- Scott Burnside, NHL
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PITTSBURGH -- From the moment Mario Lemieux declined to take part in the orientation camp for Canada's Olympic hockey team in August, there has been a persistent buzz that he will decline to be a part of Canada's gold-medal defense in Turin in February.
Lemieux did nothing to dispel that notion on Monday when he said he thinks only the Canadian players who are playing well when the team is announced in late December should make the team, regardless of who the player is.
Lemieux also said he'd be happy to give up his Olympic roster spot for teammate and super rookie Sidney Crosby.
Overall, Lemieux appeared noncommittal on the issue of playing in the Olympics, saying he hadn't spoken to Team Canada executive director Wayne Gretzky or anyone at Hockey Canada about whether he would play.
But does he expect to be there?
"I'm not sure," said Lemieux, who captained the Canadians to their first hockey gold medal in 50 years in 2002.
More to the point, does he want to be there?
"Ah, you know, I think they have to look at who's playing well at the time and who can help the team the most, and it's still a little bit early to say anything in that regard," Lemieux said.
The Penguins' captain, who has already been inducted into the Hockey Hall of Fame, said he would "absolutely" withdraw his name from consideration if he wasn't playing well or he didn't feel physically like he could compete in the tournament.
"There's too many good young players now to take a spot just to take a spot because you're a name. That wouldn't be right for Team Canada or myself. Whoever's playing the best. As I said, we've got so many great young players now in Canada that can do the job," Lemieux, 40, said. "But if I am playing well and they want me there, I will be there for them, as well."
Whether Lemieux ends up in Turin or not, it is clear he views his participation in these games much differently than he did the 2002 Games.
After stunning the hockey world in December 2000 by returning from an early retirement brought on by his battle with Hodgkin's disease and chronic back ailments, Lemieux was named captain of the Canadian Olympic team in March 2001, almost a year before the Salt Lake City Olympics. That September, he attended an orientation camp held in Calgary to familiarize players with the Olympic experience.
But early in the 2001-02 season in a game against Anaheim, Lemieux suffered a hip injury and was limping as the Olympics approached. In an effort to save himself for the tournament, he limited his playing time.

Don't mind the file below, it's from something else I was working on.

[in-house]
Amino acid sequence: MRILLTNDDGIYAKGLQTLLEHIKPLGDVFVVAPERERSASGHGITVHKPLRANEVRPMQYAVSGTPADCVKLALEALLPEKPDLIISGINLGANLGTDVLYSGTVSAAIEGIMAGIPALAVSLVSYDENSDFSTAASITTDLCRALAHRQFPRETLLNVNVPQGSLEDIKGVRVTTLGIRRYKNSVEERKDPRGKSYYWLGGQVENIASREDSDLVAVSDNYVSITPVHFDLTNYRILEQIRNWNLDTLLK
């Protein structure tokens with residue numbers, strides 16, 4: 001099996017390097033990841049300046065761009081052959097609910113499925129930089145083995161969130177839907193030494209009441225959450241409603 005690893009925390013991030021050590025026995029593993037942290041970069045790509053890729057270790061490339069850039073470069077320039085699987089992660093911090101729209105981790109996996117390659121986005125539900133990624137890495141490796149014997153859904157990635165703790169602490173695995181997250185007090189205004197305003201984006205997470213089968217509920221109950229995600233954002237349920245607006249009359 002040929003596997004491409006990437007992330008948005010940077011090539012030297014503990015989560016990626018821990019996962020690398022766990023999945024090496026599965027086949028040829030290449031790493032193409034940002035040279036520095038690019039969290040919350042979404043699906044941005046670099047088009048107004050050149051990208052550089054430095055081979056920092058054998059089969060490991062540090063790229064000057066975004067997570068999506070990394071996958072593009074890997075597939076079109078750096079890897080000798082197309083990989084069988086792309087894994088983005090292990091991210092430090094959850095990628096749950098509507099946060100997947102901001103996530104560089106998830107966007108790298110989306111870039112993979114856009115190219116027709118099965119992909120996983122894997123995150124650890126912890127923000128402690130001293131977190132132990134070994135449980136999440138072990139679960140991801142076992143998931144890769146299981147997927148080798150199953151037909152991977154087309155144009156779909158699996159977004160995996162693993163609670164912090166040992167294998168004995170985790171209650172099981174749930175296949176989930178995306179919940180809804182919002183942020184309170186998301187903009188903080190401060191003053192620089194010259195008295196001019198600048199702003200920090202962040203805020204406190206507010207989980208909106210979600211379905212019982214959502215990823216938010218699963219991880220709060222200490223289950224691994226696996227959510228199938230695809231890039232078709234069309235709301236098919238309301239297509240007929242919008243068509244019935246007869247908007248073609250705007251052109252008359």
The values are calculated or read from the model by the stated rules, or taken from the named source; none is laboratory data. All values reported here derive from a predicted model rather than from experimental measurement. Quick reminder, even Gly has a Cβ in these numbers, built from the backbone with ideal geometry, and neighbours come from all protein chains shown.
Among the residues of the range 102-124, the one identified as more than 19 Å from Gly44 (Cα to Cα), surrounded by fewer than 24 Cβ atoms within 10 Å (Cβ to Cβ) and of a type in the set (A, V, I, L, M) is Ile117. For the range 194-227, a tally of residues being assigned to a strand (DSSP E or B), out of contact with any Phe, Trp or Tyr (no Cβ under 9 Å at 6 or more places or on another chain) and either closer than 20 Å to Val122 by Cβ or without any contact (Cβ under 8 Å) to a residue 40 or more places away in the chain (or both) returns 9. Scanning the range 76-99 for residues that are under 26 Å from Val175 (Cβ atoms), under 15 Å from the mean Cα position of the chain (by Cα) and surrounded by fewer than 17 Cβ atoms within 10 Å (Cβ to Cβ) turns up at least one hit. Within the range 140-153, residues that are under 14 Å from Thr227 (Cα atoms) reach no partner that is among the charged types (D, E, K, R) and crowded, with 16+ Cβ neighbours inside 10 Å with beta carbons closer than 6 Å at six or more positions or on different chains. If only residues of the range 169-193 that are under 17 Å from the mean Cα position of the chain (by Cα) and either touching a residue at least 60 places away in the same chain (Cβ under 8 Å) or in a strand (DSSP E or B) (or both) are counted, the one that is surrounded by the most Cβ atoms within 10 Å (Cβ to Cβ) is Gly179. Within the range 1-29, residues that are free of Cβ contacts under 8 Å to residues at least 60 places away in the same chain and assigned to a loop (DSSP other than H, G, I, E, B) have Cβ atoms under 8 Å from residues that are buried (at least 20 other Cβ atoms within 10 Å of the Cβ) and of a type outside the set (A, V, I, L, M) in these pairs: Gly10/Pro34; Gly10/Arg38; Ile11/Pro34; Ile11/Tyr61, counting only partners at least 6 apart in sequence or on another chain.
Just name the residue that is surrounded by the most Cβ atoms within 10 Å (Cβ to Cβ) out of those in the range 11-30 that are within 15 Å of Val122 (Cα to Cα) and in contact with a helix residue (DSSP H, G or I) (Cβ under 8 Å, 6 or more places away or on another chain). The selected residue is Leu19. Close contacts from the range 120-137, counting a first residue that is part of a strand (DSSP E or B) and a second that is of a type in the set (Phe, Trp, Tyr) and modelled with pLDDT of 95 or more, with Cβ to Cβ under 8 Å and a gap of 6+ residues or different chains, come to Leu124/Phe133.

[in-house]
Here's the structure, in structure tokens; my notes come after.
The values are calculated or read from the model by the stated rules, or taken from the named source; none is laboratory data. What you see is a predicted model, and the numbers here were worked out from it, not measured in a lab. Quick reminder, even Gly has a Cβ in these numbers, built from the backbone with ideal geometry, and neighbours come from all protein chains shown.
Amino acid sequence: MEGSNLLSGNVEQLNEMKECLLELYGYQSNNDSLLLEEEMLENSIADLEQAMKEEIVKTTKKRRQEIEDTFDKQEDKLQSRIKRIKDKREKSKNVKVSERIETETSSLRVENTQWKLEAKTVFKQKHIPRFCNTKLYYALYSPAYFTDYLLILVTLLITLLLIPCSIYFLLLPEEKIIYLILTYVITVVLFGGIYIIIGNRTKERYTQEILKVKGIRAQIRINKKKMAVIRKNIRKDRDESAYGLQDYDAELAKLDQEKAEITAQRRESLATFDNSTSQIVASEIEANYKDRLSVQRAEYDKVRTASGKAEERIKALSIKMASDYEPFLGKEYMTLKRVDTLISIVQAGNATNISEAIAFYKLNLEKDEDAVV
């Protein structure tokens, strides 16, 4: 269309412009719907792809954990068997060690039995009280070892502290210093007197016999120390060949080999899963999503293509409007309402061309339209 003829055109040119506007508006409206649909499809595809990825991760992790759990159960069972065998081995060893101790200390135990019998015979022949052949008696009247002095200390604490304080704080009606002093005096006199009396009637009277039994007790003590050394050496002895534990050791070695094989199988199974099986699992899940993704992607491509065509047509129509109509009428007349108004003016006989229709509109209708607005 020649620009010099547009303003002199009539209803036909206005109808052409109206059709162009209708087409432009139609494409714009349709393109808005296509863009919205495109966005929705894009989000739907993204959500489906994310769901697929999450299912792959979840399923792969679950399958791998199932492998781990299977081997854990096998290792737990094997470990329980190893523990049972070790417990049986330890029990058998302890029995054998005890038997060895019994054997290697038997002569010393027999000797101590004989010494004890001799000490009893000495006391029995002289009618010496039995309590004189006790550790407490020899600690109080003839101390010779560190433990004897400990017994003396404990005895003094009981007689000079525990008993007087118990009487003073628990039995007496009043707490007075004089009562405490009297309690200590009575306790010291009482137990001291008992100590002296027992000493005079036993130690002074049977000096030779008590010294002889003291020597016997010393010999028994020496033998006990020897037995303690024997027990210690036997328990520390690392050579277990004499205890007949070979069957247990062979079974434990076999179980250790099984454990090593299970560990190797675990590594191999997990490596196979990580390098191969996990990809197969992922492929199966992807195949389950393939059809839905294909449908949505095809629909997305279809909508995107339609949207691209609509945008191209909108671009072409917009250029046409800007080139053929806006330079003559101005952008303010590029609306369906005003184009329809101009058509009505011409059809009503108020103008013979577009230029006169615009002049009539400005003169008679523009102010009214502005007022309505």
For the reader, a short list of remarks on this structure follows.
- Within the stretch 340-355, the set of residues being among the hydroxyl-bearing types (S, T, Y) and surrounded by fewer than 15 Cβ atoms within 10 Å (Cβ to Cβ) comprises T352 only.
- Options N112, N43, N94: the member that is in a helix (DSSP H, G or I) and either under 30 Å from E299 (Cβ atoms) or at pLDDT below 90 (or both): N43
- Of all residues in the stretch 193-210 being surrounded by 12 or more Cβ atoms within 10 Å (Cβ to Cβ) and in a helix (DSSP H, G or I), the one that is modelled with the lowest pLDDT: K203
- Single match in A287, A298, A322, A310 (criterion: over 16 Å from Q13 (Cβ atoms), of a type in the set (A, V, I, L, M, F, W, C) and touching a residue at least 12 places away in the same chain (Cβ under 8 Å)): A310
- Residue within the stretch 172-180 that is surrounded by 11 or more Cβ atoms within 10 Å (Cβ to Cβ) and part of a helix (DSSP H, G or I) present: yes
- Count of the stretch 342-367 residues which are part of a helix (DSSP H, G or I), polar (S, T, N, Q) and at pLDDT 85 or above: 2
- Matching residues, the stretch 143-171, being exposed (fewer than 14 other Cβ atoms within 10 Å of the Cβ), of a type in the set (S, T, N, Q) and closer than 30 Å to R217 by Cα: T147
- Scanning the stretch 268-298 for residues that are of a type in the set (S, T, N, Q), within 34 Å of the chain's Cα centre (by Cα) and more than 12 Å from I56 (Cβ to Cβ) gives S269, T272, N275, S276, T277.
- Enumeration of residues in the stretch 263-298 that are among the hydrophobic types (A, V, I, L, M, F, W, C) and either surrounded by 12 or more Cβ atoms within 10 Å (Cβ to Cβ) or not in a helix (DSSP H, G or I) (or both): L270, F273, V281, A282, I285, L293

"I couldn't skate. That's why I was taking games off," Lemieux said Monday. But he agreed that being able to take part in the Olympics dictated his pre-Olympic NHL schedule.
"Yeah. That was important for me to play in the Olympics and represent my country," Lemieux said. "That way I was giving myself the chance to go to Salt Lake and be a part of it."
Although he wasn't 100 percent in Salt Lake City, he played in five of six games, scoring twice and adding four assists. It was a watershed moment for the Canadians, but the tournament essentially ended Lemieux's season, opening him up to criticism from Penguins fans who watched their team plummet in the standings, finishing last in the Atlantic Division with 69 points.
"Salt Lake City, I knew that was probably the last time I was going to play," Lemieux said. "I came back in Pittsburgh and played, I think, one or two games. I knew that I was going to have surgery on the way back. Now, physically, I'm feeling a lot better."
Four years later, the dynamics have changed on many fronts for Lemieux, who remains a part owner of the Penguins.
Lemieux and the rest of the ownership group are seeking a license to operate slot machines to generate revenue to build a new arena. The team's lease with crumbling Mellon Arena ends at the end of next season, and if no new arena is in the offing, the team will move.
Generating and maintaining goodwill among fans is and will continue to be an important factor in the team's future, no doubt another issue factoring into Lemieux's Olympics decision. With the Penguins struggling, does Lemieux risk the fans' ire if he goes back to the Olympics?
On the ice, Lemieux is averaging a point per game through the Penguins' first 20 games on seven goals and 13 assists, although he boasts a whopping minus-14 rating, second worst on the team. Still, those numbers are a moot point when it comes to Lemieux's selection to the Canadian team. If Mario Lemieux were minus-155, he will be in Italy, if that's his desire. No one, not even Wayne Gretzky, is going to tell Mario Lemieux he's not good enough.
That said, if Lemieux doesn't want to go or feels he shouldn't go, Gretzky will certainly allow Lemieux to bow out gracefully.
Although it's not really his call to make, Lemieux said he would be happy to give up his spot on the Olympic roster for Crosby, who leads all rookie scorers with 25 points in 21 games. "That'd be fine," Lemieux said. "That'd be fine with me."
Whether Lemieux is on the team or not, he said he thinks Crosby has earned strong consideration for a spot on his own.
"Yeah, absolutely, he's been one of the best players in the league so far, game in and game out," Lemieux said. "I think they should take a good look at him, especially if he's going to be a part of it in the future. It might be a good experience for him to be there and to see how it works. It might pay off in the future."
Scott Burnside is an NHL writer for ESPN.com.
Mario Lemieux said Monday that only the Canadian players who are playing well when the team is announced in late December should make the Olympic team.